2017 Lamborghini Huracan LP 580-2 Spyder
The rear-wheel-drive Huracan gets a convertible versionby Ciprian Florea, on
Launched in 2014 as a replacement for the Gallardo, Lamborghini’s best-selling nameplate as of 2016, the Huracan has proven quite popular with supercar fans in its first two years on the market. Its fresh, aggressive design, modern interior with race-inspired cues, and upgraded V-12 engine made it one of the most appealing sub-$300,000 supercars on the market and a solid competitor for similar products from Ferrari and McLaren. Much like the Gallardo, the Huracan spawned a convertible Spyder model, a Super Trofeo race car, as well as a rear-wheel-drive, LP 580-2 version, which is available in both coupe and convertible body styles.
The LP 580-2 Spyder is the latest iteration of the supercar to hit the market in late 2016 and not only enlarges the Huracan family, but also completes the core product range. It also provides old-school enthusiasts with a rear-wheel-drive alternative to the bulk of AWD supercars that are being produced today. What’s more, due to the lower output, the LP 580-2 is the most affordable Huracan Spyder you can buy and an entry-level model for Lamborghini’s stable of convertible sports cars.
"This is a Lamborghini for those with a passion for life and the purest driving experience on the open road. It’s also a Huracán for those entering the Lamborghini family, wanting a true Spyder experience without compromising on the performance and dynamic handling of a rear-wheel drive car," said Lamborghini chairman and CEO Stefano Domenicali.
Discover what makes the Huracan LP 580-2 Spyder special in our review below.
Continue reading to learn more about the Lamborghini Huracan RWD Spyder.
2017 Lamborghini Huracan LP 580-2 Spyder
Just like rear-wheel-drive coupe, the LP 580-2 Spyder is identical to its all-wheel-drive sibling save for the revised front and rear fascia. In order to set it apart from the AWD model, Lambo redesigned the entire bumper section, reshaping the air intakes. Unlike the LP 610-4, which has a two-piece grille with a honeycomb mesh on the sides, the LP 580-2 has a three-piece layout with a bigger center section. Instead of the honeycomb mesh, the side intakes have horizontal canards that help direct cooling air toward the drivetrain and increase downforce on the front axle.
The LP 580-2 Spyder is identical to its all-wheel-drive sibling save for the revised front and rear fascia.
Changes aren’t as significant around back, where the LP 580-2 Spyder receive da slightly revised diffuser and a new three-piece grille under the taillights and trunklid spoiler. Above the waistline, the LP 580-2 is identical to the standard Spyder it is based on. The roll over hoops and the engine lid are identical, as is the soft-top, which uses the same mechanism. The car’s exterior is rounded off by a set of new 19-inch, Kari wheels wrapped in Pirelli PZero tires specifically developed for the car’s rear-wheel-drive configuration. All told, Lambo made a noticeable effort to set the AWD and RWD Huracans apart, and that’s a good thing. What’s more, the LP 580-2 isn’t less appealing that its AWD sibling and it certainly doesn’t look like a budget version of the Huracan. As far as I’m concerned, I find the LP 580-2 to be the prettier one from the rear.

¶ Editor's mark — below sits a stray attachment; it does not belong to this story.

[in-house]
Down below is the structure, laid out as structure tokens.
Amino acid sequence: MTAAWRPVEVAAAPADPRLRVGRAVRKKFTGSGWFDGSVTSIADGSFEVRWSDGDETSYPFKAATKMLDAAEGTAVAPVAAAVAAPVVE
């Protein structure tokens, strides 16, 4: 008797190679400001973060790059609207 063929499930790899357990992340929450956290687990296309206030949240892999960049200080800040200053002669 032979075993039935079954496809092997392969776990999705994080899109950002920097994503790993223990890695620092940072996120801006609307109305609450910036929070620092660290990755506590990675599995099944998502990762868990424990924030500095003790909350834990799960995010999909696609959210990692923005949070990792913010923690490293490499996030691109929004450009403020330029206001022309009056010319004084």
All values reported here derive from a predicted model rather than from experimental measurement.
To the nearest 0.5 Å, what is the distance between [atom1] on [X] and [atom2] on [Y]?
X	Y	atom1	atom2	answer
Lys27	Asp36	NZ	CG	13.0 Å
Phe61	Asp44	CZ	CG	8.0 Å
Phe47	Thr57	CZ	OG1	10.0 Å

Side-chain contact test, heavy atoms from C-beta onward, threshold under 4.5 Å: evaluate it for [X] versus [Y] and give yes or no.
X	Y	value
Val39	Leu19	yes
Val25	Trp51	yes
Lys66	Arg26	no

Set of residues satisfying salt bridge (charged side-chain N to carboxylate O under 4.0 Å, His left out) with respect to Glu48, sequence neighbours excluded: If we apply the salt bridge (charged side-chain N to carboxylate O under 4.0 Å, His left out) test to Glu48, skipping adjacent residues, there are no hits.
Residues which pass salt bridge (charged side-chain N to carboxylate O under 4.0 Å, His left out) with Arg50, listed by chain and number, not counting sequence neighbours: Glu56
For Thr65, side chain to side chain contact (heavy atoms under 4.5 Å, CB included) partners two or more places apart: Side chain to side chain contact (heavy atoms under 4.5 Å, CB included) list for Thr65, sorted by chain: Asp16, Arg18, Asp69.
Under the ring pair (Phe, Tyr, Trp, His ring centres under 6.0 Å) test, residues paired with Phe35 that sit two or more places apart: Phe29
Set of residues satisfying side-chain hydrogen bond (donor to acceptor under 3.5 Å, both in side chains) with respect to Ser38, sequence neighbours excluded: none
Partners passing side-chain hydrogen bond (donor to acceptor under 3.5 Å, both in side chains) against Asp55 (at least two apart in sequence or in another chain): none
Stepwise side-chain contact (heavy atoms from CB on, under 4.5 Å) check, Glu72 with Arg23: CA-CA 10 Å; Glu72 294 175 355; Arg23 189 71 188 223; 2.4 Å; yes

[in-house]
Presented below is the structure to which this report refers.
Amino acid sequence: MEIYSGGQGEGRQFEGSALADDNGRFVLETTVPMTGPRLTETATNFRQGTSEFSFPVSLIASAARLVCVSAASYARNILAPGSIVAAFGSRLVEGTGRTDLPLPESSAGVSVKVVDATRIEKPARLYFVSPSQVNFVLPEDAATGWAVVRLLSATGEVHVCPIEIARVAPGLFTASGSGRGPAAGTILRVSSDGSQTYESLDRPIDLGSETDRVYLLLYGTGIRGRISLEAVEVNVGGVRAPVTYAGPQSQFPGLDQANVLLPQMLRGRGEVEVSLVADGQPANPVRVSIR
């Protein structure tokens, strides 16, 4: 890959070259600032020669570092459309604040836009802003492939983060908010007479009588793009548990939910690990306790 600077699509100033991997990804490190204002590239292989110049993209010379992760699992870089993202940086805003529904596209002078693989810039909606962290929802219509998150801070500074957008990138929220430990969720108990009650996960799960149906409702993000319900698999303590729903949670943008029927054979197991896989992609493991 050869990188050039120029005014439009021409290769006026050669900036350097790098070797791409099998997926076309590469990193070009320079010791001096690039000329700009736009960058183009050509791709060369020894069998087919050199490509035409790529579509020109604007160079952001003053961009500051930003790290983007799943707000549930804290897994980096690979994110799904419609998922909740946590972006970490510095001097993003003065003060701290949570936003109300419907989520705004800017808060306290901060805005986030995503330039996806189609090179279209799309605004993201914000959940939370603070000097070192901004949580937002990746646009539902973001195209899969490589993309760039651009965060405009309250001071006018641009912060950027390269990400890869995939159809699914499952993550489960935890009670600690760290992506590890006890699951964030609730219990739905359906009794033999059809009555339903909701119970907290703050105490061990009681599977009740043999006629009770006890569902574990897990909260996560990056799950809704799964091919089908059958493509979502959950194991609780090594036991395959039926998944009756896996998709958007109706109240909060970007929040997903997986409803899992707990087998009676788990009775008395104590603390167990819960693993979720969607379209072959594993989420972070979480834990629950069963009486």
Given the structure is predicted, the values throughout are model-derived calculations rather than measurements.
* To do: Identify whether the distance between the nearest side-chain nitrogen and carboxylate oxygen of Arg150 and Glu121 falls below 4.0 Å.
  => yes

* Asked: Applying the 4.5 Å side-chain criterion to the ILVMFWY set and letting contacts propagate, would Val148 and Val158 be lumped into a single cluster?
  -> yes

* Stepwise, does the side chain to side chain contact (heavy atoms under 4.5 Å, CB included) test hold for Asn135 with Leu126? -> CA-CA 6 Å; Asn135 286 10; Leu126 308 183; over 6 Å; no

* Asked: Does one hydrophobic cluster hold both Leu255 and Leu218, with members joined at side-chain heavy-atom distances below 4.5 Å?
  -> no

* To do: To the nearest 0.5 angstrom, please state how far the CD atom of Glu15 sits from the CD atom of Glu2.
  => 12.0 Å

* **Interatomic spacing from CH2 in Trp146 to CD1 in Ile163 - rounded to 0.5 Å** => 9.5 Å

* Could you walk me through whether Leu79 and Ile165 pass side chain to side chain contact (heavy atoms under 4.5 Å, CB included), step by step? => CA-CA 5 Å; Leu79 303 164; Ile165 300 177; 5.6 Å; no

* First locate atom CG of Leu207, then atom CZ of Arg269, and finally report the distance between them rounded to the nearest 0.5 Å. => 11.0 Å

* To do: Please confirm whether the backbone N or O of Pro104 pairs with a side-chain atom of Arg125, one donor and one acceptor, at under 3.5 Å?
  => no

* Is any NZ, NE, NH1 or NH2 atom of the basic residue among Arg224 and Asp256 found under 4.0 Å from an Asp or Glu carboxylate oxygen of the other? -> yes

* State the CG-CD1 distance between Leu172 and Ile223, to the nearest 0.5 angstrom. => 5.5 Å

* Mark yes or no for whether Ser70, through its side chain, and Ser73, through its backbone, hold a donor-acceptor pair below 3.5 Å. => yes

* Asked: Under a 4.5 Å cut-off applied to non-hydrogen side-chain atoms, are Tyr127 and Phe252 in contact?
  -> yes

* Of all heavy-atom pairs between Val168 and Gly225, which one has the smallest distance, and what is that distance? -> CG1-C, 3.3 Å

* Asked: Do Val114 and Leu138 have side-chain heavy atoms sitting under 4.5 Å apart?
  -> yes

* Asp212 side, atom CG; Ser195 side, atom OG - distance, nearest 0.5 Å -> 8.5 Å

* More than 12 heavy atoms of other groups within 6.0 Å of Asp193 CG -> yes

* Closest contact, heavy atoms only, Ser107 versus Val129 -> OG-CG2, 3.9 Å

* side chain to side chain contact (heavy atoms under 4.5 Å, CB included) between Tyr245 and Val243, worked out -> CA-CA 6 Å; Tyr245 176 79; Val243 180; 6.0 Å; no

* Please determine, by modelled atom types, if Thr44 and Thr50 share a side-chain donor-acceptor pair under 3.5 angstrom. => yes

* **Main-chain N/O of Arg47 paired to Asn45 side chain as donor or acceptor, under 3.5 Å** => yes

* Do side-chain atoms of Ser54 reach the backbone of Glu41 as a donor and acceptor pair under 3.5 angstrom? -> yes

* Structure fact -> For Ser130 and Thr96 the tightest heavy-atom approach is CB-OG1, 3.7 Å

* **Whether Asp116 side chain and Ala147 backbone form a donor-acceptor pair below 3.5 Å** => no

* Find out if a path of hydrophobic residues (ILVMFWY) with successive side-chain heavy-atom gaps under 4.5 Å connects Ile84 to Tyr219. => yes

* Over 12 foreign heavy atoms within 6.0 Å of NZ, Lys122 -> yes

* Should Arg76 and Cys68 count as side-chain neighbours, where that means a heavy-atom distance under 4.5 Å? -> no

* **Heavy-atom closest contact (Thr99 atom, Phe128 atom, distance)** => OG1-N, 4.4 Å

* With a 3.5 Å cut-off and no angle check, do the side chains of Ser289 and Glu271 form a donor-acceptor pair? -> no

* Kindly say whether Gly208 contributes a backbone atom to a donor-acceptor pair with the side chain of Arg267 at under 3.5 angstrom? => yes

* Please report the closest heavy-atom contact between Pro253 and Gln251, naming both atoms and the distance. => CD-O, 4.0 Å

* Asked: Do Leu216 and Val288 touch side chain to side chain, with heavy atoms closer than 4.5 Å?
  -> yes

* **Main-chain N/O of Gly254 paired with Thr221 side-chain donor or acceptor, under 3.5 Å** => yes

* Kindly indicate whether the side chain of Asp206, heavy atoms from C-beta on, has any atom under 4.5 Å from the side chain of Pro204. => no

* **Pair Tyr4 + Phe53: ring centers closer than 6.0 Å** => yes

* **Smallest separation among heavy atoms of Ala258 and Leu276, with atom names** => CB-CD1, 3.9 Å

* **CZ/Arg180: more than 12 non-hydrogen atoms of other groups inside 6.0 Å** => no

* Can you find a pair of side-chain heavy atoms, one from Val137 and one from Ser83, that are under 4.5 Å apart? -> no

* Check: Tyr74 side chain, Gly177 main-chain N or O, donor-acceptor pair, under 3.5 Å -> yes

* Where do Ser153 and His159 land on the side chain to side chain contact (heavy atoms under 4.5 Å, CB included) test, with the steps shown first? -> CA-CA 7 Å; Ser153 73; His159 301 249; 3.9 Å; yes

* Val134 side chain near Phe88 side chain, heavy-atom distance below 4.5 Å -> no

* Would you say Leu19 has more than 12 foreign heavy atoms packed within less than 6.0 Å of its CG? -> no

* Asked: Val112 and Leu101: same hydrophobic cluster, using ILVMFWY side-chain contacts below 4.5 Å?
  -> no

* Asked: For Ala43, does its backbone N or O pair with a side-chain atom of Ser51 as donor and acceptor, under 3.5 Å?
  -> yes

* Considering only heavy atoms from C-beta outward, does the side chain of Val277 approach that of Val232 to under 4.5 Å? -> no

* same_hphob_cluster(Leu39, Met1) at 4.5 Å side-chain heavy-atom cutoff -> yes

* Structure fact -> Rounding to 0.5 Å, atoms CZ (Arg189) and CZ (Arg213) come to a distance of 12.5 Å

Lamborghini and Ferrari have been fighting for supremacy in the supercar and grand tourer segments for quite a few decades now, and Maranello has just the right weapon against the Huracan. It goes by the name 488 Spider (left) and it arrived in 2016 to replace the 458 Spider. Essentially an evolution of the 458’s design with styling cues taken from the LaFerrari hyper car, the 488 Spider is quite the aggressive drop-top. While its front fascia might not be as menacing as the Huracan’s, the rear section is unique and seems inspired from the world of Formula One due to the wider haunches and the larger two-tier intake behind the doors. The larger flying buttresses behind the seats and the vintage-looking round taillights also help it stand out against any other supercar in this segment.
Another sports car that deserves your attention is the McLaren 650S Spider (right). Introduced to replace the 12C for the 2015 model year, the 650S combines the P1’s aggressive yet clean front fascia with a rear end based around the 12C’s. Some might find the rear section somewhat dated due to the similarities with the 650S’ predecessor, but the design elements are as modern as they get, especially the blade-like taillights, the carved-in decklid, and the trapezoidal, center-mounted exhaust pipes. You don’t get this striking combination on any other supercar nowadays, and it’s probably McLaren didn’t bother to change it. The front fascia and the sides look rather clean compared to the Lambo and Ferrari, but that’s not to say that they do not exude sportiness. Unless you’re into the more angular lines of the Huracan, you can’t go wrong with the 650S Spider.
Exterior Comparison: Ferrari 488 Spider (left) - McLaren 650S Spider (right) - Lamborghini Huracan LP 580-2 Spyder (center)
|Ferrari 488 Spider||McLaren 650S Spider||Lamborghini Huracan LP 580-2 Spyder|
Identical to the all-wheel-drive Huracan Spyder on the inside, the LP 580-2 benefits from the same features Lambo introduced back in 2014. Redesigned from the ground up, the Huracans interior gained an aggressive styling with sharp contours on the dashboard and a one-piece center stack and tunnel unit hosting almost all buttons and knobs. The new, 12.3-inch TFT instrument cluster provides all vital information about the car’s performance and also acts as a display for the Lamborghini Infotainment System II.